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I have no idea what I am doing and am freaking out! How would you go about teaching a zine workshop or throwing a "zine party"? I just need to pick someone else's brain for some new ideas!

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some samples of diff styles of zines is always a good place to start... something to pass around and give people ideas of what zines can be...
I was freaking out a few months ago as i had decided to do a workshop as well (first time). It went great and i have photos up of the process! Here's some ideas for the workshop...

-do a little research i found a few great artickles at ZINEWORLD under resources...VERY HELPFUL! http://www.undergroundpress.org/columns/#bringingZines

--Have a plan! i gave a little zine history talk(nerve racking), and asked questions to see who was familiar with zines and who wasn't before beginning.

-bring a whole mess of zines to show the huge of variety of what a zine can be(size, binding,topic,perzine,photo,political,etc.,)

-have plenty of supplies :glue sticks, scissors, markers, pens, paper,stamps, magazines....the imagination continues on...

-know what kind of zine your going to create! As an example, for my zine workshop i asked everyone to do one half page (8 1/2x11 folded in half)of anything they wanted. we had seven people (including me). that was nearly two pages front and back. Someone was feeling ambitious and did a full page. We had two hours which turned out to be just right.

-I handled the cover. One full page front and back including a little explanation of what the zine was about and had everyone involved sign there names.
-I handled the cost of printing. if your lucky enough to have a print shop close GO DIRECTLY THERE w/ the group. THE MORE HANDS ON THE BETTER! Everyone left with a full knowledge of the process! AND A ZINE THEY MADE!!!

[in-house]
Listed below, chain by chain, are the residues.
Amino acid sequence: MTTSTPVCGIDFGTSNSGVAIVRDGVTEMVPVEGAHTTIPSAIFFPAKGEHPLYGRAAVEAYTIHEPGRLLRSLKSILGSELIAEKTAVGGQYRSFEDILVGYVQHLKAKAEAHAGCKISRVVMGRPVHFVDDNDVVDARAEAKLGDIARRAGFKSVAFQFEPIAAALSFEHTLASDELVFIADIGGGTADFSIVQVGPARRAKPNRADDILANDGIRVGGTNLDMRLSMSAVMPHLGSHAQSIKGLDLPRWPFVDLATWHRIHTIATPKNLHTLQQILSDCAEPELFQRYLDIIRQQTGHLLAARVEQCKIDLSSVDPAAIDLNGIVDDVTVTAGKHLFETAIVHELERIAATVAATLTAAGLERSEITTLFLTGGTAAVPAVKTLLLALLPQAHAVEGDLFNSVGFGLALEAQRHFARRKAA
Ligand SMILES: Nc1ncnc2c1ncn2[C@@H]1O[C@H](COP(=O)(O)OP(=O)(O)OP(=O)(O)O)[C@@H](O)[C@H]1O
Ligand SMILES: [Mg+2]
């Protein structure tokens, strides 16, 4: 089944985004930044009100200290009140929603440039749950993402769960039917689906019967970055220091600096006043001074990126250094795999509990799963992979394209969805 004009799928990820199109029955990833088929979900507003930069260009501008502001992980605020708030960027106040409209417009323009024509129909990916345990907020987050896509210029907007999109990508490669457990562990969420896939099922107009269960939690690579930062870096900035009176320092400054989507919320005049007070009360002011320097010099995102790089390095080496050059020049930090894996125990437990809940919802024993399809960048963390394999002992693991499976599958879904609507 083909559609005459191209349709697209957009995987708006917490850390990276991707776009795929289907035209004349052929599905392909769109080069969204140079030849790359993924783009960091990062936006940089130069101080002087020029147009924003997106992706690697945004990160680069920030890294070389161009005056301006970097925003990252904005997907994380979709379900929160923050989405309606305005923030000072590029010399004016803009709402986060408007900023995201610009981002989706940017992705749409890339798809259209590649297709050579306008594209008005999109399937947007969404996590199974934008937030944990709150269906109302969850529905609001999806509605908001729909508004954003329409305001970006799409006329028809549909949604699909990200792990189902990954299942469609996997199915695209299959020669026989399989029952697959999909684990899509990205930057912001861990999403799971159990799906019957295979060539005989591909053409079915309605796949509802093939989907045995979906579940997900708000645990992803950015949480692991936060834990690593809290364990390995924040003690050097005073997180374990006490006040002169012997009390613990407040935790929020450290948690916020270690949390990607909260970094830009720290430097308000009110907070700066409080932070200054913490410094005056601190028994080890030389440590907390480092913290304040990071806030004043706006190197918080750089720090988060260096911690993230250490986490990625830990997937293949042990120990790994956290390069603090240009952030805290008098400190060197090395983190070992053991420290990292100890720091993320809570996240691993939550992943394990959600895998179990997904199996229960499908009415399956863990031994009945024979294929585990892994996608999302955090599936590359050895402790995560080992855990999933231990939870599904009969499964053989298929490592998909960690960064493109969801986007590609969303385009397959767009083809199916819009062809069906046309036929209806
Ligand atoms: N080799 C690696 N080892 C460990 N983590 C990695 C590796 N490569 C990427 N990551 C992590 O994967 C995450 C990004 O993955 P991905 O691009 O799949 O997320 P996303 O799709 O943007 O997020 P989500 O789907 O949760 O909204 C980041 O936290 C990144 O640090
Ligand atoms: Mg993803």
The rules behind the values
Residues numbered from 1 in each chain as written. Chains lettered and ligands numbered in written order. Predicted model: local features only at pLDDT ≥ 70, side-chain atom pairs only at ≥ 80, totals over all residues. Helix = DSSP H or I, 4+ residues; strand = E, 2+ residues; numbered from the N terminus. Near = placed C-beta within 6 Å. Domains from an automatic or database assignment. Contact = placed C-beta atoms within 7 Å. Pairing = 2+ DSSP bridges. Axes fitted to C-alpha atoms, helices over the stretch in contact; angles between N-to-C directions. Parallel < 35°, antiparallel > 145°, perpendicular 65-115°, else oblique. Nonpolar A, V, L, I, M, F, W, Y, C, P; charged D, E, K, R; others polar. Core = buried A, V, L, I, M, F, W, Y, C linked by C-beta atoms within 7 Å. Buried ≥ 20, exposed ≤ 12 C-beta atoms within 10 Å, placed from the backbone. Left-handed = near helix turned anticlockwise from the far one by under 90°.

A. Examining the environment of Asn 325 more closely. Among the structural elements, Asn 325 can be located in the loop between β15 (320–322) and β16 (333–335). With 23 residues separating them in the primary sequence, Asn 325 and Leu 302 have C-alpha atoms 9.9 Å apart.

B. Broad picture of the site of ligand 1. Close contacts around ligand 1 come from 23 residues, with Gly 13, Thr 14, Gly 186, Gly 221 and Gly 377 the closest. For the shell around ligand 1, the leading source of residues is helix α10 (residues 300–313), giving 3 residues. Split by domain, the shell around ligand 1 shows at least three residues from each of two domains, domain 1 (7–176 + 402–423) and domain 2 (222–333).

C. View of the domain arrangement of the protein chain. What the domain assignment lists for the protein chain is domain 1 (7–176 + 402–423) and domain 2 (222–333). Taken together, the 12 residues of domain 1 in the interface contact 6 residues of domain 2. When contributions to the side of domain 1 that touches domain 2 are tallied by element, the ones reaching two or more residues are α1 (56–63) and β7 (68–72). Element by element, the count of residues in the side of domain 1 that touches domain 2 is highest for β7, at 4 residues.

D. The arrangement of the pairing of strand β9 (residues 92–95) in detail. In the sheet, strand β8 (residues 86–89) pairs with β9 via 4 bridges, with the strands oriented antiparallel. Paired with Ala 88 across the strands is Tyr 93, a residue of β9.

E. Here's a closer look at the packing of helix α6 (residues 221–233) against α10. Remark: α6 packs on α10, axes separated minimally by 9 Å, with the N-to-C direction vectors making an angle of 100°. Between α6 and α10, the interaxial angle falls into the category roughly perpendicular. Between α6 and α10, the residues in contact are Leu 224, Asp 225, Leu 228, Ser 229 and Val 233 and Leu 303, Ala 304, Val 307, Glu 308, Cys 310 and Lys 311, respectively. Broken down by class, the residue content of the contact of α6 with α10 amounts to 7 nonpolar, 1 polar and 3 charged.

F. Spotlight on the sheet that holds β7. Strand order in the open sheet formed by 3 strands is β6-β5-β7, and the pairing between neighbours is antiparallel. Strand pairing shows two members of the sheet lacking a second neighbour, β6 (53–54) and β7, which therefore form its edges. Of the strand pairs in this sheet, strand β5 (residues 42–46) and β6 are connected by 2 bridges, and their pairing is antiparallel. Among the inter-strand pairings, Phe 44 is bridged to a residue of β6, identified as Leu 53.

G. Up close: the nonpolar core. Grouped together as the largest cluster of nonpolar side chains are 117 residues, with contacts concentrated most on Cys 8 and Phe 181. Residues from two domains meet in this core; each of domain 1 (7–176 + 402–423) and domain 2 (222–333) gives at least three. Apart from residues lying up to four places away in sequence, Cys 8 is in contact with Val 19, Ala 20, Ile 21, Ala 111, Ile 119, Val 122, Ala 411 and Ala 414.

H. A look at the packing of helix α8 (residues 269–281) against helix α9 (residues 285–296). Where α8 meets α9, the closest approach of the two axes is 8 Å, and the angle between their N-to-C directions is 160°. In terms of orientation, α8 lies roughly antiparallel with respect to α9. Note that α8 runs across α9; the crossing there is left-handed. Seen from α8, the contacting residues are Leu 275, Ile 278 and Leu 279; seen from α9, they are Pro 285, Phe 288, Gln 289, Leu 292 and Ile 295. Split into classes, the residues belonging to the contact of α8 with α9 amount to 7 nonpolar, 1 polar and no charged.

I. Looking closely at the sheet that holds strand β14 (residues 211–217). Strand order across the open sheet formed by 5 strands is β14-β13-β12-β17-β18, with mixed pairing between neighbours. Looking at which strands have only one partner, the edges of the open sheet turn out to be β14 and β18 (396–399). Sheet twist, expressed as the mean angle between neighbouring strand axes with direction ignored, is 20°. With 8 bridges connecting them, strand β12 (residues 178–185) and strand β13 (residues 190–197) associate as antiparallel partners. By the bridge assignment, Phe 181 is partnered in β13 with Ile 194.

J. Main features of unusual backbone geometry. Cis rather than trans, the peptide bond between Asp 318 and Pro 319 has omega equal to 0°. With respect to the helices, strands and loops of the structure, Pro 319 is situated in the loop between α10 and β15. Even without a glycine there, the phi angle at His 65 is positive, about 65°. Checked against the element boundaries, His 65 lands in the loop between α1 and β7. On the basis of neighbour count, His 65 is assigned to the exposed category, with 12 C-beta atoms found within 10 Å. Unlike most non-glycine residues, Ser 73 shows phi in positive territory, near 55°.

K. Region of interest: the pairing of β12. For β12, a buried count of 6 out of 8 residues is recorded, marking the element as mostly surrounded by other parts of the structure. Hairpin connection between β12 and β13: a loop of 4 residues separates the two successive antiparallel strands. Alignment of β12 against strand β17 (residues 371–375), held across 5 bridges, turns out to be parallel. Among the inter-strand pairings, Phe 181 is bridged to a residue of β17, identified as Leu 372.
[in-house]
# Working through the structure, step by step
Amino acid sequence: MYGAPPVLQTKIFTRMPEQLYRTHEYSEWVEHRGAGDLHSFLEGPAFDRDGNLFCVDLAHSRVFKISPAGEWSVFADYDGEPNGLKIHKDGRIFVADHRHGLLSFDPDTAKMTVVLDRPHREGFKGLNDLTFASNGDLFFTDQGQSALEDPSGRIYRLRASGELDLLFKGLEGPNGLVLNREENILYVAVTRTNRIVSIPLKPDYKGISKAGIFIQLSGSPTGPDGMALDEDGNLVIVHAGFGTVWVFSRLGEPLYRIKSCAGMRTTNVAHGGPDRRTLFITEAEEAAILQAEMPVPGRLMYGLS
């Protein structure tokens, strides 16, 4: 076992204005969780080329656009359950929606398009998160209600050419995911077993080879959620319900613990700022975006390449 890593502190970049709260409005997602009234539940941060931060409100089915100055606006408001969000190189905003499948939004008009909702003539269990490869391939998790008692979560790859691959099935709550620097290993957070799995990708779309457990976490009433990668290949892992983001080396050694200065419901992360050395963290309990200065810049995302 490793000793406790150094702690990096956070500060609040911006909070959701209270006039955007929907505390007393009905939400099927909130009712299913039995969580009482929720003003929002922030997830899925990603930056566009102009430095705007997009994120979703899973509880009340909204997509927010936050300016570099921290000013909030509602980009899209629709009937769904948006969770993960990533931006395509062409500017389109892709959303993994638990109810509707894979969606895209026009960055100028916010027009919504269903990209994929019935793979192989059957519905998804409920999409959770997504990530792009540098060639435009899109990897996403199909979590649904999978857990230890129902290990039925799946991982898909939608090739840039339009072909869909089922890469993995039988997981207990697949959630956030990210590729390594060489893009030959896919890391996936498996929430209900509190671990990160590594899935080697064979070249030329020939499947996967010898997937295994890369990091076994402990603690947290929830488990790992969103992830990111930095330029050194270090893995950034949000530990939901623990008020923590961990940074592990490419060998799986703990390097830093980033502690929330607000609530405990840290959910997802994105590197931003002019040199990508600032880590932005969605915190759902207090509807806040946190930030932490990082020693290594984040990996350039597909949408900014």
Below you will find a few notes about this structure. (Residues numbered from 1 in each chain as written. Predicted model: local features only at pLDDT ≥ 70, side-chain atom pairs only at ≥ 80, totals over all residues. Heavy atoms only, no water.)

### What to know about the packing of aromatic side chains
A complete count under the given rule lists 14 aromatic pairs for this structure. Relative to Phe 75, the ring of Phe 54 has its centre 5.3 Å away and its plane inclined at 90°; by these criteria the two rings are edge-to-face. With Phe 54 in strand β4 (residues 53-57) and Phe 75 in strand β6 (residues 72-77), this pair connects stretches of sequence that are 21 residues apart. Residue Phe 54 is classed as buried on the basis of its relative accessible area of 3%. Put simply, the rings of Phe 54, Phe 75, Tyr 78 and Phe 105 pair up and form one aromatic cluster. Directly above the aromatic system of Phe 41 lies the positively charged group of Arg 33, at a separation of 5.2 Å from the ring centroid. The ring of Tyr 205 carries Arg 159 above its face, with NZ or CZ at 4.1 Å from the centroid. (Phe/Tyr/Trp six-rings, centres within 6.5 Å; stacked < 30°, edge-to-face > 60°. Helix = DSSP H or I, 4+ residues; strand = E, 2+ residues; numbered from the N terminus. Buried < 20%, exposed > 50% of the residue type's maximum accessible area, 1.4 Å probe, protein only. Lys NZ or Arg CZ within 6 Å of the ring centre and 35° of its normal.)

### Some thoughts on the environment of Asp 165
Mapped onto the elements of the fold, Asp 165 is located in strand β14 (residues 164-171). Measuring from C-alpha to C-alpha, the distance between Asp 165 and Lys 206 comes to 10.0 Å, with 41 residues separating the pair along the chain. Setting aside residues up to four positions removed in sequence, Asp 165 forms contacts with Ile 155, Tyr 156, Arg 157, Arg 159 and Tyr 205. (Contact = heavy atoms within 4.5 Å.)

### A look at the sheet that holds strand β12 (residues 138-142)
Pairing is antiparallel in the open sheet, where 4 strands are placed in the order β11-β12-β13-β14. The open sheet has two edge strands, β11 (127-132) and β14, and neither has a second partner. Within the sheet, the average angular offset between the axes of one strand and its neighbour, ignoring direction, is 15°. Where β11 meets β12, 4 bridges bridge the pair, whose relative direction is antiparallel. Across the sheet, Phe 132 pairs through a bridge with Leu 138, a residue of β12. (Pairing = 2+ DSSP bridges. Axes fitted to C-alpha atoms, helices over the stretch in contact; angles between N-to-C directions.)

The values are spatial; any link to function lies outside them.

-I gave everyone a zine ABOUT making zines they could use as a reference later on when they forgot what i told them :)

thats the gist. It was a great experience and i can hardly wait to set up the next one. Have fun with it OH! and bring music! that was one thing a bit unnerving....sitting in a coffee shop creating in silence no bueno! thats one thing i wont forget the second time around!! let me know how it turns out!!!

if you have any more questions about my experience just ask! :)

-jeffrey in vegas
i agree with everything kami and jeffrey suggest. i did a lot of zine workshops for a while, for young women and then for queer seniors through a local community center.

a group zine is a good way to start. people learn the basic skills and, more importantly at least with the people i was working with, loosen up about their art and writing.

if people are having trouble with their pages, choosing an organizing theme can be helpful. maybe see if the group has a theme they'd like to do. maybe there's even an obvious one depending on who you're working with. make sure to come with a few suggestions in case people blank, can't agree or just need an idea of what you mean.